Minister Bartlett strengthens call for Caribbean visa regime
Minister of Tourism, Edmund Bartlett (centre), makes a point to Cayman Islands’ Minister of Tourism and Transport, Kenneth Bryan (right), during a meeting on Wednesday, August 10. At left is Deputy Premier, Minister for Finance and Economic Development and Minister for Border Control and Labour, Cayman Islands, Christopher Saunders. (Photo: Adrian Walker)

KINGSTON, Jamaica - Minister of Tourism Edmund Bartlett is again calling for the implementation of a Caribbean visa regime that will allow for ease of movement within the region for tourist purposes.

In a release on Wednesday, Bartlett said: "we are going to have to decide if we are going to create freedom of movement within the Caribbean, and in doing so, are we going to establish a special visa regime that enables touristic travel within our space?”

The Minister, who was addressing a special meeting with a delegation from the Cayman Islands on Wednesday, August 10, went on to share that a special visa regime was not something out of the territory's reach as the Cricket World Cup in 2007 allowed for the establishment of a Caricom visa that "allowed for the players and the visitors from all across the cricketing world to be able to attend."

"I think we could fine-tune that,” Bartlett added, noting that other regions have put measures in place to allow for ease of travel, such as Europe, with the Schengen Visa.

“So, we can have a Caribbean visa that will enable movement within the Caribbean… not for immigration purposes and migration. We are not about increasing your population; we are not about bringing in people to live in their country and then to compete for the resources. We are talking about adding value; bringing visitors who consume… and they leave, in the wake of that, billions of dollars,” he pointed out.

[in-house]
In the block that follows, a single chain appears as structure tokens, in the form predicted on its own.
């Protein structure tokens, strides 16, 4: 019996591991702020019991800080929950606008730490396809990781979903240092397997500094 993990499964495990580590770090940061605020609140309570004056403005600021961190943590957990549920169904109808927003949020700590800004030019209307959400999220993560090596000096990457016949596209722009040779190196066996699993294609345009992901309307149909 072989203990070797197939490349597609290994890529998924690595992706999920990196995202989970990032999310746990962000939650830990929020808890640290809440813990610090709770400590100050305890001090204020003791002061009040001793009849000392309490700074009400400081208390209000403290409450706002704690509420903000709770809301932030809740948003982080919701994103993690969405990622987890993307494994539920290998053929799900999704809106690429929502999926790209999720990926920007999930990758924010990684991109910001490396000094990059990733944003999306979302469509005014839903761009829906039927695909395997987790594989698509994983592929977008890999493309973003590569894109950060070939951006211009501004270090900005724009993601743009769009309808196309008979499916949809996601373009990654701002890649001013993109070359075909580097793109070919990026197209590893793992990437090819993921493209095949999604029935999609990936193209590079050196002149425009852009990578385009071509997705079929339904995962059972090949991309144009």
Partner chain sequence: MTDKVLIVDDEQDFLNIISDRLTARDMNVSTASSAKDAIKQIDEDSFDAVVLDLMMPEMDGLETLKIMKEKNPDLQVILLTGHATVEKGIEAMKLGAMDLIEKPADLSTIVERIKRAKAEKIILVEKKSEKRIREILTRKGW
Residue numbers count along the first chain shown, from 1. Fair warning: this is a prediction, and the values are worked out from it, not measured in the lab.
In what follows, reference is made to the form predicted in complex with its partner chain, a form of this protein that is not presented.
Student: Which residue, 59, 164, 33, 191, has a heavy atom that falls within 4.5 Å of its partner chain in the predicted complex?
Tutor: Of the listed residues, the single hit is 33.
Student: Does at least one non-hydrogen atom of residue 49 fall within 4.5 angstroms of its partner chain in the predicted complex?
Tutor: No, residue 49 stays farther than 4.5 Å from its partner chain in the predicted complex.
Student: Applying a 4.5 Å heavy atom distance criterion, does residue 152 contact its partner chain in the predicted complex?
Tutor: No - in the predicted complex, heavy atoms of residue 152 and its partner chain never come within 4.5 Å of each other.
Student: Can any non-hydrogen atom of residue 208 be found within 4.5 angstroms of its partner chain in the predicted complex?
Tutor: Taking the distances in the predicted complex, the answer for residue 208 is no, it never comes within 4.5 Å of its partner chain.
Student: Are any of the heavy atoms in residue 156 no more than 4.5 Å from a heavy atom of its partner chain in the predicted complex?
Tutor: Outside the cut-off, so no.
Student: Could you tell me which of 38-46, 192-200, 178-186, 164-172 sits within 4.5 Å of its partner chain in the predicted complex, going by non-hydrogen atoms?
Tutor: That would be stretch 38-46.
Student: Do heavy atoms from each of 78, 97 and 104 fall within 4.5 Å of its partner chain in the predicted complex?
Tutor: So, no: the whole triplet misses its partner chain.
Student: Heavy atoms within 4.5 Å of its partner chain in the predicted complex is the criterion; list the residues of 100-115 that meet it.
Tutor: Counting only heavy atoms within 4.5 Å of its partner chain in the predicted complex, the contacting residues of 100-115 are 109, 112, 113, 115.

Minister Bartlett also addressed the issue of border protocols and pre-clearance arrangements for visitors coming into the region.

“How do we ensure that we can have pre-clearance arrangements in some places…how do we make our space domestic so that if you land in Jamaica and you clear customs and immigration for tourist purposes within the framework of multi-destinations, you are domestic to Trinidad, to Cayman, Antigua, to Turks and Caicos… as the case might be,” he pointed out.

Bartlett also raised the subject of having a single airline charge, “so the airlines don’t have to pay for each access in everybody’s airspace.”

Meanwhile, the Tourism Minister said Jamaica has signed four Memoranda of Understanding (MOUs) for multi-destination arrangements with Cuba, the Dominican Republic, Panama, and Mexico. He said that Jamaica is ready to work with the Cayman Islands to put a similar agreement in place.

For his part, Cayman Island’s Deputy Premier, Minister for Finance and Economic Development and Minister for Border Control and Labour, Christopher Saunders, said, “we are excited and re-energised in terms of working very closely to see exactly what we can do and how we can build mutual interest together”.

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